Security Matters fights fires with big new client
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Special Report: Security Matters has signed on with a global forum to set a standard for fire-retardant chemicals.
Security Matters (ASX: SMX) is on fire — or not, if their new client has anything to do with it.
It’s just signed Bromine Science and Environmental Forum (BSEF) and its member companies to use Security Matters’ technology to create a new industry standard for bromine flame retardants.
As part of its global Circular Economy Action Plan, BSEF and its member companies are engaged in several projects and studies to improve end of life recycling of plastics containing brominated flame retardants (BFRs).
BSEF member companies, via the North American Flame Retardant Alliance, are supporting a new approach to sorting and separating legacy brominated flame retardants.
They’ll use technology pioneered by Security Matters, a company focused on digitising physical objects on the blockchain to enable a circular and closed loop economy, using its chemical-based barcode system, alongside a unique reader to identify these codes.
These codes will enable a blockchain record to be developed to store and protect ownership data.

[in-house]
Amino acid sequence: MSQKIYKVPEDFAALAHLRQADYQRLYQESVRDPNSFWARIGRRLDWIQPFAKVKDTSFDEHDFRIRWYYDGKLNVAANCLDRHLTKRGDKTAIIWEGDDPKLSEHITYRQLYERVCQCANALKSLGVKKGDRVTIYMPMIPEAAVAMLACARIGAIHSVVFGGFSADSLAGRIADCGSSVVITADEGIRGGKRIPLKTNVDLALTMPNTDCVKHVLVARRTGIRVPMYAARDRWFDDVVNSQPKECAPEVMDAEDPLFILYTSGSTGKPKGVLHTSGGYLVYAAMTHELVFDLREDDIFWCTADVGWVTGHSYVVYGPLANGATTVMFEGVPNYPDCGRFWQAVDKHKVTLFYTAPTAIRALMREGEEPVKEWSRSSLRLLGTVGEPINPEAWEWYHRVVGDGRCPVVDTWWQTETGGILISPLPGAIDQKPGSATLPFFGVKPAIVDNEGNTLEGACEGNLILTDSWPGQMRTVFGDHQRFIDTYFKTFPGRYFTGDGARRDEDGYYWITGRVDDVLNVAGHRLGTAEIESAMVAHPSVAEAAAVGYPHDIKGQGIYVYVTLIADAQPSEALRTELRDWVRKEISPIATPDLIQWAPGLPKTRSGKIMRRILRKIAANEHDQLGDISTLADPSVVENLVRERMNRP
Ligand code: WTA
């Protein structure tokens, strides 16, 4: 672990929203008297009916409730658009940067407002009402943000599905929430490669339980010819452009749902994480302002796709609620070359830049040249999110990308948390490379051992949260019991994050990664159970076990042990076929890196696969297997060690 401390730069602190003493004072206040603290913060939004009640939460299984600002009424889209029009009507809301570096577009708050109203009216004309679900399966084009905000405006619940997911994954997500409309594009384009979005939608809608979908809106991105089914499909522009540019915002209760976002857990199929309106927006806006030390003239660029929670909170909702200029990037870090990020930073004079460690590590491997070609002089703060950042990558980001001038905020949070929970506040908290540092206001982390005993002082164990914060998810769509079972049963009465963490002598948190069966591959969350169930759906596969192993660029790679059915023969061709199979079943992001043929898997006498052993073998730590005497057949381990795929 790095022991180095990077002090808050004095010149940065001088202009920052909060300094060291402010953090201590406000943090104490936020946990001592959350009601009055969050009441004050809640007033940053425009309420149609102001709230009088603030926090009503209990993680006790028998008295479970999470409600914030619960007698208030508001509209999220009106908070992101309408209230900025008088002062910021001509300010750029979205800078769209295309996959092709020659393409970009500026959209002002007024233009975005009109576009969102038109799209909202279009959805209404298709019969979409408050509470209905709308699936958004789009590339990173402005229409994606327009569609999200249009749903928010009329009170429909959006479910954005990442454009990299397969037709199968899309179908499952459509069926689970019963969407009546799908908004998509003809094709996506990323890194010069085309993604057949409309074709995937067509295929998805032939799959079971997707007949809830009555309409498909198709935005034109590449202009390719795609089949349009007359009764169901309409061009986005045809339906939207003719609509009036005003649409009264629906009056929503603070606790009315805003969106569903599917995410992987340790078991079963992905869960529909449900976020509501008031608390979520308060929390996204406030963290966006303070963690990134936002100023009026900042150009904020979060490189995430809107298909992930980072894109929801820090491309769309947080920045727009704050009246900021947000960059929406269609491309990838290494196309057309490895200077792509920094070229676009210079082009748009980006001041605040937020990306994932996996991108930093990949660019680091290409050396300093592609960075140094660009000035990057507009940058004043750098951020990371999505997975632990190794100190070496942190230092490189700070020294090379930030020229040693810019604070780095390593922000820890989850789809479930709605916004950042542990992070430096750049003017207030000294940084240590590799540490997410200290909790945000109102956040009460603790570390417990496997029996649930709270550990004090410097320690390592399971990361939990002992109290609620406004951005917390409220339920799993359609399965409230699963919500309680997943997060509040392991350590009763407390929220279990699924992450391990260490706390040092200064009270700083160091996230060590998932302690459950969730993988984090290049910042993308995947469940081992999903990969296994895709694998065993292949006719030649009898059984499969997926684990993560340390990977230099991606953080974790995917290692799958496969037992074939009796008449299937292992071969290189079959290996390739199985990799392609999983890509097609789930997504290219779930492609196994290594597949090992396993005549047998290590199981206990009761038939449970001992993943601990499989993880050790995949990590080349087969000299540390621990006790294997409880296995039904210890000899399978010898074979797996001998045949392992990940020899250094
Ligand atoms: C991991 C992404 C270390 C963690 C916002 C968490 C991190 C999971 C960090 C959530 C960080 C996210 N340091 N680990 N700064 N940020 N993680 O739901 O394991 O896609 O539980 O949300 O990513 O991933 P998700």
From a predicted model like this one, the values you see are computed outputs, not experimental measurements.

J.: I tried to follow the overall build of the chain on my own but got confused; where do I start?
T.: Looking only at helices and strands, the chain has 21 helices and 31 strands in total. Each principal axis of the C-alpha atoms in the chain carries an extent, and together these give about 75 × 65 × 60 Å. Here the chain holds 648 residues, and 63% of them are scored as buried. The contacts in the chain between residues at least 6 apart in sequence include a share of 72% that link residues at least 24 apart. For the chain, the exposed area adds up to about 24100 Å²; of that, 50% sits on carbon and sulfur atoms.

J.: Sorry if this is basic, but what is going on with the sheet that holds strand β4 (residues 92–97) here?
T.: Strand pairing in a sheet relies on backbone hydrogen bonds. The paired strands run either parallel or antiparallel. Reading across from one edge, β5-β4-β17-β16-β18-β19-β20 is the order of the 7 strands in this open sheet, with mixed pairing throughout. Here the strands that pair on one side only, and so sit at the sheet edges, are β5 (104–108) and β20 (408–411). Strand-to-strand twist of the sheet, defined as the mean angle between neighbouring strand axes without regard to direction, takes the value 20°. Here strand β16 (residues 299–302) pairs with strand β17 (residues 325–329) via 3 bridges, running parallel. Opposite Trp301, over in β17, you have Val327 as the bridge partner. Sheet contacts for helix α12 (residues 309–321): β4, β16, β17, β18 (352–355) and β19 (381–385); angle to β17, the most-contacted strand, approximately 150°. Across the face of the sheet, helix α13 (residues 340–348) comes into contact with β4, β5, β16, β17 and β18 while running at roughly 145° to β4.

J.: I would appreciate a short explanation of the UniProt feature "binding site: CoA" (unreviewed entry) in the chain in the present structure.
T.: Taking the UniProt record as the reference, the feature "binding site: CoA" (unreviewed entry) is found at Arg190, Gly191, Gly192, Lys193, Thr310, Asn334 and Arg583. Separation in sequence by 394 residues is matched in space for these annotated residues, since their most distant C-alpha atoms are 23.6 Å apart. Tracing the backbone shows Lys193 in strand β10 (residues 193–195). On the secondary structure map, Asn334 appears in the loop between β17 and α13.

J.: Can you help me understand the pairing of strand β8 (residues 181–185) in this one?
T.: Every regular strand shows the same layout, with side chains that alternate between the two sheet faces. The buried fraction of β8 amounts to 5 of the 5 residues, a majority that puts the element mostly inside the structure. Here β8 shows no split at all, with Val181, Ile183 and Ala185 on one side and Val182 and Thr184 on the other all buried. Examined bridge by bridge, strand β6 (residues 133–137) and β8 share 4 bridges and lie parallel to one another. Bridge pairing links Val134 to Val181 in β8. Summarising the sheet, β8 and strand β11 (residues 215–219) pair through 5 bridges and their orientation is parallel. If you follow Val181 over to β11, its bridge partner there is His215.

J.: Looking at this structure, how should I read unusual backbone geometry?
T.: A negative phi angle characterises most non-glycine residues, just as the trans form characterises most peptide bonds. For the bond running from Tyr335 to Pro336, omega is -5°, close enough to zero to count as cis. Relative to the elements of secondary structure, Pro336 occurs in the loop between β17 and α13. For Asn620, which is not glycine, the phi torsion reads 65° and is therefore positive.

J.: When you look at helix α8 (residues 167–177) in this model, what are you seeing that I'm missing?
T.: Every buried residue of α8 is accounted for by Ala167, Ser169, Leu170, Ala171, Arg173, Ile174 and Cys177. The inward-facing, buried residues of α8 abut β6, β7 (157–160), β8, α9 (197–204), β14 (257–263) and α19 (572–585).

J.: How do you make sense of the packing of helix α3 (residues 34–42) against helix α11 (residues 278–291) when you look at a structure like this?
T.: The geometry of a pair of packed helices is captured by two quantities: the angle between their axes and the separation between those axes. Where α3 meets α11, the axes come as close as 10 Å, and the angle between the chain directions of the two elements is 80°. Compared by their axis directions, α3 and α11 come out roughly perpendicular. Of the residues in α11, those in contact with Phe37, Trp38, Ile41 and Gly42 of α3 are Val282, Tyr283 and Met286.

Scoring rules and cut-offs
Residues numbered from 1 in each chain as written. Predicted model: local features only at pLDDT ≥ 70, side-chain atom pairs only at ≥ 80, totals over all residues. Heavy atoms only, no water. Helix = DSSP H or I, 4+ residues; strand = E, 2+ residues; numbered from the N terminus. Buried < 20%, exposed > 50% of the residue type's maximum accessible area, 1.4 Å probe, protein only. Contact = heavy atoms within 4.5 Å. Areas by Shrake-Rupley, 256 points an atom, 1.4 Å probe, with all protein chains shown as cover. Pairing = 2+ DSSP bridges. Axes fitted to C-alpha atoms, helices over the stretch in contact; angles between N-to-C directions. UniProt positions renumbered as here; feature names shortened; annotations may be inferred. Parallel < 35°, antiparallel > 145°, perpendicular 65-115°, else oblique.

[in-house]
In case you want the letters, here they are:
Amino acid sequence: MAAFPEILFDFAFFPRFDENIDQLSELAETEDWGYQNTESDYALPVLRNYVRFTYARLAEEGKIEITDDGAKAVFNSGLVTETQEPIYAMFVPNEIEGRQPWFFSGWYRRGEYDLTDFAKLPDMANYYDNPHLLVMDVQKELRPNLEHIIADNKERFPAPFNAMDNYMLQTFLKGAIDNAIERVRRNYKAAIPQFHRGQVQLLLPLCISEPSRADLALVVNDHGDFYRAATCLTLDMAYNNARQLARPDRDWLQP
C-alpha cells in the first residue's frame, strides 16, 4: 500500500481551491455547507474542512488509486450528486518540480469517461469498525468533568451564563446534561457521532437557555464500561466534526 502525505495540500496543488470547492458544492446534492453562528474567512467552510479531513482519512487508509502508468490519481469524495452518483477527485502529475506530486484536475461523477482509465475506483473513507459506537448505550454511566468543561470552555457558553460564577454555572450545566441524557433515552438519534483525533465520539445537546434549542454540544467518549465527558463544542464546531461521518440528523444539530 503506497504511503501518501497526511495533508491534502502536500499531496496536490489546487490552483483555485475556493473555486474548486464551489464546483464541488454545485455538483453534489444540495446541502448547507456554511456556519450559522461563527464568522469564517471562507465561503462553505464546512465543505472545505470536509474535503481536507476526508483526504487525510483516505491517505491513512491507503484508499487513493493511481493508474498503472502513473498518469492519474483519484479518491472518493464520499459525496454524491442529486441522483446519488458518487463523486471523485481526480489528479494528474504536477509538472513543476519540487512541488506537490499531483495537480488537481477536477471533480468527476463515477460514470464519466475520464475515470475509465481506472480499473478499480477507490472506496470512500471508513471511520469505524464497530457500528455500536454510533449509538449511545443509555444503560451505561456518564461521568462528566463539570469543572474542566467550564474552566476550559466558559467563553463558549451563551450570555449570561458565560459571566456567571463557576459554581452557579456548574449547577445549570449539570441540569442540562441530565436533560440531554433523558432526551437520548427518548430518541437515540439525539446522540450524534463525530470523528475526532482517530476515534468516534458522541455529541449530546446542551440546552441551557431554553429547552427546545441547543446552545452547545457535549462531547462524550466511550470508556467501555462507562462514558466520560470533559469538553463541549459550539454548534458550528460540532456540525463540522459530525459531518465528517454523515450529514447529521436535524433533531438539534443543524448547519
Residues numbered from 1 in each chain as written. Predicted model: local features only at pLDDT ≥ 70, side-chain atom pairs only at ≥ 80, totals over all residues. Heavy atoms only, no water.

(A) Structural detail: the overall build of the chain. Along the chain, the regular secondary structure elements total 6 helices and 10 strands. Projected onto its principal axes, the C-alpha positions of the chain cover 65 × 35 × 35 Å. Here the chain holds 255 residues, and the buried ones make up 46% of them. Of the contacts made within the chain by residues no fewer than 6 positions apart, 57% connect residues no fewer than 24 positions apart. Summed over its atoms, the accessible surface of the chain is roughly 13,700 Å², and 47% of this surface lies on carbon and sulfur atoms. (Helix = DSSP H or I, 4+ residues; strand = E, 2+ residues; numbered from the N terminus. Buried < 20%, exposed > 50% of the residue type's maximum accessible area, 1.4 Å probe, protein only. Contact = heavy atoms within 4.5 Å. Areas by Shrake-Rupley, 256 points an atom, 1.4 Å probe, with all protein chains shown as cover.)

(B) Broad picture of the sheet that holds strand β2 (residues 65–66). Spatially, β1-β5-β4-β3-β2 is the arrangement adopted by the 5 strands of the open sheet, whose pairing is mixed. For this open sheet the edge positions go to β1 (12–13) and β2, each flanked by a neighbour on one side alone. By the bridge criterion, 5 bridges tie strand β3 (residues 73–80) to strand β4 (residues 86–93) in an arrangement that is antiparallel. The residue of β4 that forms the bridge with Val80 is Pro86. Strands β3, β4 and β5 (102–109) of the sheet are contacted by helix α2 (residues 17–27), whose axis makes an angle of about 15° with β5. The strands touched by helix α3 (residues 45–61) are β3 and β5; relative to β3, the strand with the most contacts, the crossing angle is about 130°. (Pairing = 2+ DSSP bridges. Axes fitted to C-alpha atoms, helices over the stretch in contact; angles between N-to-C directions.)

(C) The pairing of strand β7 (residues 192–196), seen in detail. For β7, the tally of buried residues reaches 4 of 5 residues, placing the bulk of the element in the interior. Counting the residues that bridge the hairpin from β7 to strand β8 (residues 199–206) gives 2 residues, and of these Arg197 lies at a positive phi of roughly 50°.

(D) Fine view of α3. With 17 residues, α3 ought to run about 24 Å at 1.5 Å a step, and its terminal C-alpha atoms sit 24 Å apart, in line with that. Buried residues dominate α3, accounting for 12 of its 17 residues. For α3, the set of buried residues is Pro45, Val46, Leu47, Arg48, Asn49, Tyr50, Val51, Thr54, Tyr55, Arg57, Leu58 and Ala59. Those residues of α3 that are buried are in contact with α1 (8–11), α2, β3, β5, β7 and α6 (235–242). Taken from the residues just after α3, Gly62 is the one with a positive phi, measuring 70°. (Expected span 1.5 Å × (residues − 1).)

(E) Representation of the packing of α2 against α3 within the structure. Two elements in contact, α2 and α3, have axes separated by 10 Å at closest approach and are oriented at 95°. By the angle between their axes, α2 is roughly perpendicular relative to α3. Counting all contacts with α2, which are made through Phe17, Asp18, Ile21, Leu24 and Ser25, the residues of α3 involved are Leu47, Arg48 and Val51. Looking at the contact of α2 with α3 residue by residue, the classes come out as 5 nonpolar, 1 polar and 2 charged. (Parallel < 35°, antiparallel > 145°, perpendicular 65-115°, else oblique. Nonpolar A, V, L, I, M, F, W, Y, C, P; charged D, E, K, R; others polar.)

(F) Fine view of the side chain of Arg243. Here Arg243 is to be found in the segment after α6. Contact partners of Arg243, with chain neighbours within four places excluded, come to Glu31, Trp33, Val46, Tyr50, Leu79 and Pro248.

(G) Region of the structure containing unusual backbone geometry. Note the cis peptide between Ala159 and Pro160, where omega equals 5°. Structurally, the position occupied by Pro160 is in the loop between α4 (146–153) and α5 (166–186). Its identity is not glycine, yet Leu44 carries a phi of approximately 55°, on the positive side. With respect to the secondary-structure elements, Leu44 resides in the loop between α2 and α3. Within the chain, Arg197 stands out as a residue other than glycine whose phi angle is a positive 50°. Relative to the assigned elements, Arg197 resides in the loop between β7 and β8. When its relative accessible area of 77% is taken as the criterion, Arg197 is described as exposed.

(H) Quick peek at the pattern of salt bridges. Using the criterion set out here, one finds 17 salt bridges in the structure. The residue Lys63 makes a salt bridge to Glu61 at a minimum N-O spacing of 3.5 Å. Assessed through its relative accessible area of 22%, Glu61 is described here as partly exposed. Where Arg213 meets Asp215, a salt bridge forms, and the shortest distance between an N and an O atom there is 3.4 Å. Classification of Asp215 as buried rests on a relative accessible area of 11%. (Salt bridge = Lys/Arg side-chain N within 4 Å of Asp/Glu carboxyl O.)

Security Matters’ marking technology will be used to differentiate current and new BFR technologies from the old, legacy BFR chemistry.
“Developing a technology that can differentiate new BFRs from old BFRs and establish a new industry standard mechanism to reclaim those materials contributes to circular economy goals,“ said BSEF Board Member Joel Tenny.
“This is a great opportunity to be an enabler on the journey of transforming base chemical production from a linear model to a circular model. This project is part of our belief that sustainability will be led by the industrials sector,” says Security Matters founder and CEO Haggai Alon.
BSEF itself has also recently commissioned consultants SOFIES to develop an authoritative review and quantification of the effect of BFRs on the recycling of technical plastics from Waste Electrical & Electronic Equipment (WEEE) in the EU.
The main objectives of the work are to assess the volumes of BFR in WEEE plastics in the EU, review treatment processes, and evaluate the impact of BFR-containing plastics on recyclability of plastics.
“With their strong knowledge of the legal landscape and operational aspects of e-waste management in various EU countries, network of primary contacts and unique datasets on EEE waste, we are confident SOFIES will deliver a quality and authoritative assessment,” said BSEF Secretary General Dr Kevin Bradley.
This article was developed in collaboration with Security Matters, a Stockhead advertiser at the time of publishing.
This article does not constitute financial product advice. You should consider obtaining independent advice before making any financial decisions.